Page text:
Peace Officer

Peace Officer (Brad Barber/Scott Christopherson, 2015)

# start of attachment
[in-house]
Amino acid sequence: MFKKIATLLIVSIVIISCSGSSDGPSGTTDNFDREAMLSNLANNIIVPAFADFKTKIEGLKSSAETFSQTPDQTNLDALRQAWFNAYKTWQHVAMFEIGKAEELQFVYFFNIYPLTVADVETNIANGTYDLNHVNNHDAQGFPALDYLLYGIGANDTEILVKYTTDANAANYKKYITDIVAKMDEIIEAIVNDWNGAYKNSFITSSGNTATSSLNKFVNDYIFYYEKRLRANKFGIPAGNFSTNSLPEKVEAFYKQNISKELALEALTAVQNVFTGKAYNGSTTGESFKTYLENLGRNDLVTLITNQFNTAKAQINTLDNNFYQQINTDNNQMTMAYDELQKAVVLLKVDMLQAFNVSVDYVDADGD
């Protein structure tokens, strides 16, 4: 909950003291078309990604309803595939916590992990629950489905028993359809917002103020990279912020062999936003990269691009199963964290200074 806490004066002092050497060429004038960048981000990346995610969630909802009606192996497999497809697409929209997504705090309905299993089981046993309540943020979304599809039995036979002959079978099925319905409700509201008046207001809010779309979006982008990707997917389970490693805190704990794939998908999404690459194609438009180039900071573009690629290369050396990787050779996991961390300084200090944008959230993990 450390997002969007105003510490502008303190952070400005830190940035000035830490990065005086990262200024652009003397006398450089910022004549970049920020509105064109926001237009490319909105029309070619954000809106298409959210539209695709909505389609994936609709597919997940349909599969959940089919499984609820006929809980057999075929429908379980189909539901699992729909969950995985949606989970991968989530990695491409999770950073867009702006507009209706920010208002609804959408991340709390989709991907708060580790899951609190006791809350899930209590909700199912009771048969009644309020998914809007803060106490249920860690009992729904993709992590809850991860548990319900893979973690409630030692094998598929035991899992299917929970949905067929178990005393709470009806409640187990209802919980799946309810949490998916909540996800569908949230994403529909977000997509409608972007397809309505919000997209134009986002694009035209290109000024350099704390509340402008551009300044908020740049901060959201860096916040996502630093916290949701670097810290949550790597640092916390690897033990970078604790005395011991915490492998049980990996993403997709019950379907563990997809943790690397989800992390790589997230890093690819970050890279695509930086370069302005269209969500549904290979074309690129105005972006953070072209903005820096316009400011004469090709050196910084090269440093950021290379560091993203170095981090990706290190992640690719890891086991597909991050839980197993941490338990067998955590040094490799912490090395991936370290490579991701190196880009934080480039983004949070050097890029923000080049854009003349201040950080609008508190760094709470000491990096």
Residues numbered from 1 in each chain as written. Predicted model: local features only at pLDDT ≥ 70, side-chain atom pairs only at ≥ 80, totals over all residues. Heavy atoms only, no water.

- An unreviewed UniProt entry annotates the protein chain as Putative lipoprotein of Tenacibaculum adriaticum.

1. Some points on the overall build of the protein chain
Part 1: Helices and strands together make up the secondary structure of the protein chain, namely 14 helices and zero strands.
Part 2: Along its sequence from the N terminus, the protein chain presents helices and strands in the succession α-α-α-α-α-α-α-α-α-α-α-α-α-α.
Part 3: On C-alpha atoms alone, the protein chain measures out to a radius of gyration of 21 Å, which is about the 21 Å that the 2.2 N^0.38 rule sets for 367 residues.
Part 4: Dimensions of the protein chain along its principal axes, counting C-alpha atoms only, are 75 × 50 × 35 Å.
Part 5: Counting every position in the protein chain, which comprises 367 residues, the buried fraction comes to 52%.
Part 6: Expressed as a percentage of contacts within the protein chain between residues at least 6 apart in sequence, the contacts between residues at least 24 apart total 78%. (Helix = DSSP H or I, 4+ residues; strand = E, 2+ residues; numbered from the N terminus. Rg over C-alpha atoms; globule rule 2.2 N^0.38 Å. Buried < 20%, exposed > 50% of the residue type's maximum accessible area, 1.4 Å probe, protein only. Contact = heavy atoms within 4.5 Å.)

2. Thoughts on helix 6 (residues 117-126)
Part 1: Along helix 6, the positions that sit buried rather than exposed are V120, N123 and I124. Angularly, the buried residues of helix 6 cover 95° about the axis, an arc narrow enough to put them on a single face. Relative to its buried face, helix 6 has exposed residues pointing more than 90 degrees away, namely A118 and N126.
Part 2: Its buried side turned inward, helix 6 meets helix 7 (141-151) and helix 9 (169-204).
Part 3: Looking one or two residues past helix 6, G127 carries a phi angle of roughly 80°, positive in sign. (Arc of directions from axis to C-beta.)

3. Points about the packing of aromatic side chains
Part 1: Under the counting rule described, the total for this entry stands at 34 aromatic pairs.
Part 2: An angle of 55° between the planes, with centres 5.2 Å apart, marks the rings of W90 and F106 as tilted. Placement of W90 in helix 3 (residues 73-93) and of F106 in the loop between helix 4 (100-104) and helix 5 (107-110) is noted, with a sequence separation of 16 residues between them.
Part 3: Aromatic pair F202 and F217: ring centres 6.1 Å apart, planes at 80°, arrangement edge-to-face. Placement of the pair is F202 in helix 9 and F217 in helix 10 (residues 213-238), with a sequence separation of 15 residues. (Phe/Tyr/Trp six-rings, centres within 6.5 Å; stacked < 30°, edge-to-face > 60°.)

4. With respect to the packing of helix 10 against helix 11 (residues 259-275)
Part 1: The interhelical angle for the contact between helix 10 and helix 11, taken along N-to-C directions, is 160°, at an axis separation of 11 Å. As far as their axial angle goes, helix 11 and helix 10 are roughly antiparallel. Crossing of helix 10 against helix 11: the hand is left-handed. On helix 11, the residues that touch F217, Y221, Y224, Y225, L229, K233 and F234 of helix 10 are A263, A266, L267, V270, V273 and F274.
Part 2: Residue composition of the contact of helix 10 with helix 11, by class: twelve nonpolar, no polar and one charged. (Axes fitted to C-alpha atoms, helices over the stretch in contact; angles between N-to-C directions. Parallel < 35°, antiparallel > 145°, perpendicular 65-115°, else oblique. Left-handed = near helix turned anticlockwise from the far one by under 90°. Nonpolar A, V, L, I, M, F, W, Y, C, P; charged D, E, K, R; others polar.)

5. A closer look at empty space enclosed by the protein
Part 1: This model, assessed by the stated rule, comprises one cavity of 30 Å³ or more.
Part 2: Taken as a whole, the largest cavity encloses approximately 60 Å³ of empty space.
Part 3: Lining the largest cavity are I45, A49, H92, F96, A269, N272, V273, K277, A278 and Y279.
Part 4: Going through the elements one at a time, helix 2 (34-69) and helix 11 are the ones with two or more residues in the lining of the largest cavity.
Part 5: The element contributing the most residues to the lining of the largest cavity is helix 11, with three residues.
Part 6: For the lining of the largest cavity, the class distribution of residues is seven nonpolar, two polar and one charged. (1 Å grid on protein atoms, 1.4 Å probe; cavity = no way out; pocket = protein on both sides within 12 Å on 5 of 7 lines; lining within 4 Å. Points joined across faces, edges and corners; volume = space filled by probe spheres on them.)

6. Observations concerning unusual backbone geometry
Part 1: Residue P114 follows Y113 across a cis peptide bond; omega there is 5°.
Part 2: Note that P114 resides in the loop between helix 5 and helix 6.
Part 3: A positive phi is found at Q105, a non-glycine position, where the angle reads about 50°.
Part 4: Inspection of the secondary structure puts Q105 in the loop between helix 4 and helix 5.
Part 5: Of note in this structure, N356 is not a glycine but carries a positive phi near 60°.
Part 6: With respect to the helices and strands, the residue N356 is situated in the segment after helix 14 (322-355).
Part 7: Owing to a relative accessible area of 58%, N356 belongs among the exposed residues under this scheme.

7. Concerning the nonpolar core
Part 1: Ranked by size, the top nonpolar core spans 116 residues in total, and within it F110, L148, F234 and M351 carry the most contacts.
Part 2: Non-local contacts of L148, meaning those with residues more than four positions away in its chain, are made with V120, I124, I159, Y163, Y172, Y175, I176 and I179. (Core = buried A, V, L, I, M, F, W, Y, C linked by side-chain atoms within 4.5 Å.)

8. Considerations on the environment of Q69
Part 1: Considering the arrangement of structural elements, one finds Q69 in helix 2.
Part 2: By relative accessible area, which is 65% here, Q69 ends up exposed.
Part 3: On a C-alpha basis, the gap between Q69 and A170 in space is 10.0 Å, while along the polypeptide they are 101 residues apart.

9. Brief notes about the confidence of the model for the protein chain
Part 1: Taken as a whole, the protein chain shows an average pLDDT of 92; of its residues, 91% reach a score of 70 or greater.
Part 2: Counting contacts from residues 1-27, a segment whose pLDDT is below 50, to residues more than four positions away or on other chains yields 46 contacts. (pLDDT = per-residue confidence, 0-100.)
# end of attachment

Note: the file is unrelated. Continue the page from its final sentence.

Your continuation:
As I watched Peace Officer – winner (deservedly) of one of the SXSW Audience Awards – I felt an increasing sense of awe at the grand luck of the filmmakers in meeting William “Dub” Lawrence, the main protagonist of this powerful documentary. A former lawman, Lawrence has made it his life’s mission in recent years to uncover signs of excessive use of force by the police. He’s a classic boy scout, with a sense of right and wrong that excludes the idea that anyone is above the law (as a young policeman, he once wrote himself a parking ticket). The catalyst for his current investigations? His own son-in-law was shot and killed by police in 2008 after a tense standoff; in fact, he was killed by the very S.W.A.T. (“Special Weapons and Tactics”) team that Lawrence had founded back in 1974, in his first term as Sheriff of Davis County, Utah. Today, Lawrence gathers evidence and applies his investigative experience to assist families who have similarly suffered from the rising militarization of our nation’s law enforcement. He is the perfect subject, since he is hardly anti-police, and is extremely thoughtful and measured in his statements: he thinks deeply before he speaks. The directors also include interviews with many police officers who do not share Lawrence’s beliefs, as well as interviews with victims of police brutality, making this more than just a polemical exercise. True, they clearly have a point of view (and what’s wrong with that?), but they try to include differing opinions. A must-see film.